The Gamification of Health (Gamification Post #2)
Yesterday, I wrote a post discussing gamification – the idea of using games in new and even “serious” ways. Healthcare is on everyone’s mind right now (see Nicole’s post below), especially here at Saint Louis University with our Center for Health Law Studies. The prediction markets — another type of game – are split on the outcome. (Latest per Josh Blackman’s Fantasy SCOTUS: ACA Constitutional 42%, ACA Unconstitutional 57%). And so, while we’re waiting, I thought I’d provide a little distraction by writing about the intersection of health care and gamification.
I recently finished a book by Ivan Beale entitled “Video Games for Health.” Most of Beal’s book concentrates on an innovative game called “Re-Mission,” where the player’s avatar fights cancer cells in the body, and along the way receives advice about the importance of taking medication, getting enough rest, and lowering anxiety. Preliminary results seem to support the idea that the game leads to positive health outcomes for kids and teens battling cancer in real life. In the health insurance and employment context, wellness plans are using gamification to motivate plan members to adopt healthier lifestyles. For example, Mindbloom’s Life Tree allows users to earn seeds (points) for healthy behavior like walking, going to the gym, or getting a check-up. A cute website and social networking integration provides users with additional motivation, as friends can see a member’s progress toward a healthier lifestyle.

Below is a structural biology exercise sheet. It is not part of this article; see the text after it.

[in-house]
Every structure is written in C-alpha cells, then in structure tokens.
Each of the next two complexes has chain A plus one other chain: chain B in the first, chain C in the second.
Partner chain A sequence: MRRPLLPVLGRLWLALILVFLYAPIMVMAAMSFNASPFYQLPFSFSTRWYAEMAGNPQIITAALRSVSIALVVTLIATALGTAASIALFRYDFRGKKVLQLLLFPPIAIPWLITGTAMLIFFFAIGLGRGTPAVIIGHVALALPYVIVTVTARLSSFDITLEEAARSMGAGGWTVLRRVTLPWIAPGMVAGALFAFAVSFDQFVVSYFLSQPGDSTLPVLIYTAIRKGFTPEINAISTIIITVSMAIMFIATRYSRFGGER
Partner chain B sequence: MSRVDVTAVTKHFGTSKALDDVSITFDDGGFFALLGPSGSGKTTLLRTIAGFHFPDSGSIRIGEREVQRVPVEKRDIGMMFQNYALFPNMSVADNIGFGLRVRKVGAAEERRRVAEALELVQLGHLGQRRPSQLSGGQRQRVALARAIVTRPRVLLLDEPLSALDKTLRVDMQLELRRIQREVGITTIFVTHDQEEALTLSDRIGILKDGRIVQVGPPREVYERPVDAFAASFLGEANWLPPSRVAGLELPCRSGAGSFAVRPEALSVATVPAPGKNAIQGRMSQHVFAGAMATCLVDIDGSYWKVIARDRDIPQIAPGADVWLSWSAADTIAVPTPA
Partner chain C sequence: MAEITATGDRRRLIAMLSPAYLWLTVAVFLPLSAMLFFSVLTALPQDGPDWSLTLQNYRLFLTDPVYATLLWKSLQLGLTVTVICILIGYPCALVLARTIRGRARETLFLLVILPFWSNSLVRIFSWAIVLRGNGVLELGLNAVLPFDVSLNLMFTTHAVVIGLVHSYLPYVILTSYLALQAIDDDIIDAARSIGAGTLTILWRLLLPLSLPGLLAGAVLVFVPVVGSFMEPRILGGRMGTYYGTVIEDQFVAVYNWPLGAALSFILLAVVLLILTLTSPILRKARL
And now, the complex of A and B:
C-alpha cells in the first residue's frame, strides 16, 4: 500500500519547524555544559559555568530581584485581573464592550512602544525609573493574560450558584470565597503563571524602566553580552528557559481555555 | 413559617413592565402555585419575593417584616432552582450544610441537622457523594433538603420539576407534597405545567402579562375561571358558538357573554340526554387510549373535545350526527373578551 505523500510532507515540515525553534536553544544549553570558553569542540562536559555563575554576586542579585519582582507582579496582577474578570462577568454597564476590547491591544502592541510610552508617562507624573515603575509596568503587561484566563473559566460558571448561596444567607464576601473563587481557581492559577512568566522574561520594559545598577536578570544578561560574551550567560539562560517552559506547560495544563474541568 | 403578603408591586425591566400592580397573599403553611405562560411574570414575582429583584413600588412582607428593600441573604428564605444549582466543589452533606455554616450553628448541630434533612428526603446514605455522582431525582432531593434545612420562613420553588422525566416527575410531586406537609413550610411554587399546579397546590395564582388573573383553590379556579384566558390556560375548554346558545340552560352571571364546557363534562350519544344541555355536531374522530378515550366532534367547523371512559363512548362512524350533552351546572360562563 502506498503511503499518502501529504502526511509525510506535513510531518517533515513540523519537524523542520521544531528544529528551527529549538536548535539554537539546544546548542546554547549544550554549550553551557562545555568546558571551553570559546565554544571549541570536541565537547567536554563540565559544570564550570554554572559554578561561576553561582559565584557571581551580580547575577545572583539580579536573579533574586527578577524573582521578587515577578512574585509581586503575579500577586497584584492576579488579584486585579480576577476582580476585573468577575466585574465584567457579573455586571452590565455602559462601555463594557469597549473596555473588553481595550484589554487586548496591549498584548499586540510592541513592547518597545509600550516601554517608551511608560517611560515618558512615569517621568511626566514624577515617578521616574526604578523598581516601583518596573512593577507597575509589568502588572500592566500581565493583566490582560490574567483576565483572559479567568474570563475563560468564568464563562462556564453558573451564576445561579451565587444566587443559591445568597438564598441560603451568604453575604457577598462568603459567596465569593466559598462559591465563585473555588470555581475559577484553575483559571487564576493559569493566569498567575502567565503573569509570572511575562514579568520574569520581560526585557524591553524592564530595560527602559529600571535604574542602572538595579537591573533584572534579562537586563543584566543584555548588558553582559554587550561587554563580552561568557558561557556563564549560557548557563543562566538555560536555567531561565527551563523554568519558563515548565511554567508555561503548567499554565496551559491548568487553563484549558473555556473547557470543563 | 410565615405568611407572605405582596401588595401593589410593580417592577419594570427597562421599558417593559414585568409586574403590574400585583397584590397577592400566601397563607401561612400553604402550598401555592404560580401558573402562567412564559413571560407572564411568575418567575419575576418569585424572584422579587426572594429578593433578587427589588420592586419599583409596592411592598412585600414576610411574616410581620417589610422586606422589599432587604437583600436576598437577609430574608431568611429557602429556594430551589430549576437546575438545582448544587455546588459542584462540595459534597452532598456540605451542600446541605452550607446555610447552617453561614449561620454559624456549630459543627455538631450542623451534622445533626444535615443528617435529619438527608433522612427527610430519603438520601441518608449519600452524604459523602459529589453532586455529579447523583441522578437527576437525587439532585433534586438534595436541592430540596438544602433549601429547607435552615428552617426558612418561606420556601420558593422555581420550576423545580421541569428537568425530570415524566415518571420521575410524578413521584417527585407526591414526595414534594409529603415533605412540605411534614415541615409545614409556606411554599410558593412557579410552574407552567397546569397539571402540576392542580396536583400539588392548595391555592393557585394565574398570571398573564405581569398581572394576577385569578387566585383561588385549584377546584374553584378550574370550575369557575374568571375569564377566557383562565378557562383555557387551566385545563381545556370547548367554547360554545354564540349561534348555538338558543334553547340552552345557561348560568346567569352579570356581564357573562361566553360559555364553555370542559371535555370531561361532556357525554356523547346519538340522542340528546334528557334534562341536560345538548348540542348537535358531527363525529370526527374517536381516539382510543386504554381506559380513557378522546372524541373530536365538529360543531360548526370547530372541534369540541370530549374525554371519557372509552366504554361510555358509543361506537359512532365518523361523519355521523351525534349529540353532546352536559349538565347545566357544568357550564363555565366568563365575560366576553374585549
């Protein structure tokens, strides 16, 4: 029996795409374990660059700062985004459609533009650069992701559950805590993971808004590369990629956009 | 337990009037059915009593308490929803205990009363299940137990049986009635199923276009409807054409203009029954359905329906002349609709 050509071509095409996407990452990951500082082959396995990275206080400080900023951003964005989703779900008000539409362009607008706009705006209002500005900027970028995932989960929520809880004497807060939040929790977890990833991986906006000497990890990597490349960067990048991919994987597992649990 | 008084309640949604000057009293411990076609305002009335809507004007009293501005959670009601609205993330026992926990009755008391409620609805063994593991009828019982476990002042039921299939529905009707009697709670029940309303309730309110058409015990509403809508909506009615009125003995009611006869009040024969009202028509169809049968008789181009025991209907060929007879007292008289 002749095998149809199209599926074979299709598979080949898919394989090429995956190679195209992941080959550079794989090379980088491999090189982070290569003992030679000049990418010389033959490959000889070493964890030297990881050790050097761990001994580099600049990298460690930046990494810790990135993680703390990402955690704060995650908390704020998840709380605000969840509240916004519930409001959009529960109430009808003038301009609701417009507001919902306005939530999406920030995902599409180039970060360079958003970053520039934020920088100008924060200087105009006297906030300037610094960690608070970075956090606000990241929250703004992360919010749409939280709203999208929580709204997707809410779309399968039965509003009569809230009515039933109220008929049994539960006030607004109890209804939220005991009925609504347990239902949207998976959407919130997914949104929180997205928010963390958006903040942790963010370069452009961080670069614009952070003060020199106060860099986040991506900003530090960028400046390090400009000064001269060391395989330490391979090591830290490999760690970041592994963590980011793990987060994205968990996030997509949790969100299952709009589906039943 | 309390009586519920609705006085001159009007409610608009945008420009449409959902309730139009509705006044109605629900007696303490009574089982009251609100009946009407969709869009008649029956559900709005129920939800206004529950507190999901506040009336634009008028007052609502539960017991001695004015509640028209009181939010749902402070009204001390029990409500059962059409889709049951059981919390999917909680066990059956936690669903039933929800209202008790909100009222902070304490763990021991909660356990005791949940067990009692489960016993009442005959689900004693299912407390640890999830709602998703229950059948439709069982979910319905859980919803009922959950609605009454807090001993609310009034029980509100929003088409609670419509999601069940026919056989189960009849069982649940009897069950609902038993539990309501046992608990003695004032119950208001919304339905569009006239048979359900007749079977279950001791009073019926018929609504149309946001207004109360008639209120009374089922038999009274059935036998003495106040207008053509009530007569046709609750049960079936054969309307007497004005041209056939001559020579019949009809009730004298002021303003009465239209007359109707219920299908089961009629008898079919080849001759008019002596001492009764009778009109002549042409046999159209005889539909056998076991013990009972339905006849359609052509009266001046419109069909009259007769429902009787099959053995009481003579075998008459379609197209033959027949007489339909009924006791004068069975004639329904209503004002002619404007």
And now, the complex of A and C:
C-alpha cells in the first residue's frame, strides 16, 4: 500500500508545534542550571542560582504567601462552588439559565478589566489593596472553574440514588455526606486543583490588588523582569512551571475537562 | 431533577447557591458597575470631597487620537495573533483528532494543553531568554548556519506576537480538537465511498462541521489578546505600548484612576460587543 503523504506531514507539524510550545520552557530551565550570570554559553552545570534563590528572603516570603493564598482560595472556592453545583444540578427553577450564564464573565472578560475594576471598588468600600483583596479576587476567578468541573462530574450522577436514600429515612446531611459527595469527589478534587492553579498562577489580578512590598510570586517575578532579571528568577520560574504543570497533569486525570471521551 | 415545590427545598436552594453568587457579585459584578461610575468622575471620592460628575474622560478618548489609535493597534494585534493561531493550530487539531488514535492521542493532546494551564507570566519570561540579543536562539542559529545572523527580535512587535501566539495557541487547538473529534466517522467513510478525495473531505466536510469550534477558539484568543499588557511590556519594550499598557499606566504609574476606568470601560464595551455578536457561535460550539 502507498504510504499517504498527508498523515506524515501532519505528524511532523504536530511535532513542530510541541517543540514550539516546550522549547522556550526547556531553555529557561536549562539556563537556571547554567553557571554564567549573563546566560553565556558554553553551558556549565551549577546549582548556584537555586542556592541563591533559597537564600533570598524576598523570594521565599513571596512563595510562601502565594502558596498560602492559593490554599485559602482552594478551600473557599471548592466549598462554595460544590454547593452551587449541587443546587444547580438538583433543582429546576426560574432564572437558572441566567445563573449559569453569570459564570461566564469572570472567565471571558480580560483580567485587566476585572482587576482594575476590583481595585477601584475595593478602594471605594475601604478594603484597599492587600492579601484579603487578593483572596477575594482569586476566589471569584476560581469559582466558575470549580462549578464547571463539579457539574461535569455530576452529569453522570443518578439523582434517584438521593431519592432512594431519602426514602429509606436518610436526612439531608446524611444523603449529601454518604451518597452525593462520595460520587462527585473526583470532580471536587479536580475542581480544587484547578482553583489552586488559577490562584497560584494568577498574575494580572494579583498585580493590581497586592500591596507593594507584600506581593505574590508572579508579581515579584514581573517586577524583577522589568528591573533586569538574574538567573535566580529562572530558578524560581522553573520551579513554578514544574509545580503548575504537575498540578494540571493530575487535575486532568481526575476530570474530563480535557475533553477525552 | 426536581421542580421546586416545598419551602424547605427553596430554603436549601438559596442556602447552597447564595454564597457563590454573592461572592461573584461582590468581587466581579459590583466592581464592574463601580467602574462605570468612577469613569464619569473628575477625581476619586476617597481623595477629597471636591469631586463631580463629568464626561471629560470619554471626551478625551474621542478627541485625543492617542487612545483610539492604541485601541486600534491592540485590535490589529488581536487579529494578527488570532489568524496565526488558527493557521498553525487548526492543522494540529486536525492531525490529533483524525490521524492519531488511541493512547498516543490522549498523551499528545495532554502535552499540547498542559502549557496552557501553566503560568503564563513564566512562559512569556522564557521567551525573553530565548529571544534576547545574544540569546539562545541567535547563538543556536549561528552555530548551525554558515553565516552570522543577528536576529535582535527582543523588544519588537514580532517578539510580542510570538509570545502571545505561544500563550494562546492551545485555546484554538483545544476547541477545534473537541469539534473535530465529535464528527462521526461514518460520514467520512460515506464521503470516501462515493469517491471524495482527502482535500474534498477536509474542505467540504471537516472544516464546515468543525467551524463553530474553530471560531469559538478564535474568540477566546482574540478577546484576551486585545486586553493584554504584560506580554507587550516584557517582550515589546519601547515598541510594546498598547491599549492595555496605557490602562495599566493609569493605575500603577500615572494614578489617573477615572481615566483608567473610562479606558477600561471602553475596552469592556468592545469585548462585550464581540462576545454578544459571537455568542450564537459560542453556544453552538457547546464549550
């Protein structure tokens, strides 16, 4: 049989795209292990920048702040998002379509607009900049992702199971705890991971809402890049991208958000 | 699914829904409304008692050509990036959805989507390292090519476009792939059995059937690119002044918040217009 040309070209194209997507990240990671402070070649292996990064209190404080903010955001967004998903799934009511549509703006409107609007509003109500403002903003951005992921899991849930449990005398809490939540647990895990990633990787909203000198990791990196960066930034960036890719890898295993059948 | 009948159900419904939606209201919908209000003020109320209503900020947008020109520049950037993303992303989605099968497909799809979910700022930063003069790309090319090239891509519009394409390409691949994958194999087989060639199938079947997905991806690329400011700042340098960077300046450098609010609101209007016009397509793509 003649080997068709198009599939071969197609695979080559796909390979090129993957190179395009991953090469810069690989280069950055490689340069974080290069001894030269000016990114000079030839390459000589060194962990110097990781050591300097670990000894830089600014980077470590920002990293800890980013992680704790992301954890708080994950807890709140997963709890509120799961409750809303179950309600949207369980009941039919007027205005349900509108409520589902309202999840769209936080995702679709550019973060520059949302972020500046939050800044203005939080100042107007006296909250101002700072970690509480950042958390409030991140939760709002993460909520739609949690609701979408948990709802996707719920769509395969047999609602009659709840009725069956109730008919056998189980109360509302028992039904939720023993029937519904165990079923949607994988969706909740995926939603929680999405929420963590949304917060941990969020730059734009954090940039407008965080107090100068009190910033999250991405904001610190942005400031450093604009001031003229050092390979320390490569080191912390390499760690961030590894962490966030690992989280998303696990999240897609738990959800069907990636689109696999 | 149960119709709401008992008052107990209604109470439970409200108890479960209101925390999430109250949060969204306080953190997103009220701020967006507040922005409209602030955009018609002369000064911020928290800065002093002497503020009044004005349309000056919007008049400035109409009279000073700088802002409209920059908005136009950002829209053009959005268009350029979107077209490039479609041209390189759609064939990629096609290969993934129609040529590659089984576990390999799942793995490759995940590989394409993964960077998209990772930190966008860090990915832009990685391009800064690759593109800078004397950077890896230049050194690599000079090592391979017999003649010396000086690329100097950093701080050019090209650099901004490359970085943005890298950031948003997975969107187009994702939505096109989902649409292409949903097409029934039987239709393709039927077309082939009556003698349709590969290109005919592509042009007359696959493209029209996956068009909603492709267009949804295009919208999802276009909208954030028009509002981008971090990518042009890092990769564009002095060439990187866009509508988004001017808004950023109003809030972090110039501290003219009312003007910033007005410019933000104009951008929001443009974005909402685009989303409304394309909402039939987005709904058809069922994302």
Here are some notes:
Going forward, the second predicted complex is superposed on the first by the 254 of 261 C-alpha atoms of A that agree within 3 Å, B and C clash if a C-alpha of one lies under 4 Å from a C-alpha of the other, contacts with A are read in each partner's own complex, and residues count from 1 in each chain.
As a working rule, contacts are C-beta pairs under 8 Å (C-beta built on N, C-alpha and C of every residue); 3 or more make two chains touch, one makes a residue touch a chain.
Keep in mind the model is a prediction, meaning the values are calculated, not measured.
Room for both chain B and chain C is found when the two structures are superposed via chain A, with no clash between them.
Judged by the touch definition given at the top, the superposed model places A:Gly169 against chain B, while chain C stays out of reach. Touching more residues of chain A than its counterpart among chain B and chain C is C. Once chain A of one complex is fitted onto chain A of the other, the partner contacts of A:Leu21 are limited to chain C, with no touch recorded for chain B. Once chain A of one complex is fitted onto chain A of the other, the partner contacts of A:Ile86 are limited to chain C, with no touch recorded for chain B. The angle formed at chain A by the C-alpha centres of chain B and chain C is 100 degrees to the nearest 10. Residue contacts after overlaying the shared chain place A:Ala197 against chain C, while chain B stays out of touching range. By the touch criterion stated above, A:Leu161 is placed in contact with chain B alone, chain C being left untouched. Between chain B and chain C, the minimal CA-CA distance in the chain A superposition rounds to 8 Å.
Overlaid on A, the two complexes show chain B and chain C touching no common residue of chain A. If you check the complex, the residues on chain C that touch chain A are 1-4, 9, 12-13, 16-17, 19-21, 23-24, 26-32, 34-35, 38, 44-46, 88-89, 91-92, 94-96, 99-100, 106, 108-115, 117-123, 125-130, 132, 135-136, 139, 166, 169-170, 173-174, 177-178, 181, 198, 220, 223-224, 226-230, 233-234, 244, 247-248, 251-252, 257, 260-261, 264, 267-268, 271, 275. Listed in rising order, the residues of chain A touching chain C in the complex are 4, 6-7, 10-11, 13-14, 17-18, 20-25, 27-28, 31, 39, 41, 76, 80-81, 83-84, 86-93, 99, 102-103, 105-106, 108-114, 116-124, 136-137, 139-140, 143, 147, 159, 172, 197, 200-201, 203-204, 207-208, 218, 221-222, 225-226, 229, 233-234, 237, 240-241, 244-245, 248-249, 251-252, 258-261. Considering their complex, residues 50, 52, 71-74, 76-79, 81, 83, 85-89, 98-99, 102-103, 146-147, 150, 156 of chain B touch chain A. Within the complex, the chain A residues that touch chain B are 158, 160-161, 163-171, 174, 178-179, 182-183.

As far as the legal issues, a recent article by Kristin Madison et al. noted that the Affordable Care Act would allow for employers to provide additional financial incentives to employees who participate in wellness programs. The article, however, also raised some legal and ethical concerns: will gamification and financial incentives discriminate against those who are ill, even when is not their fault? Are some of these wellness factors class-based? How do we feel about tying employment and work so closely together? Do employees want employers to have their health-related information? Might employees feel coerced into these programs? Regardless of the Supreme Court’s decision we have much to think about.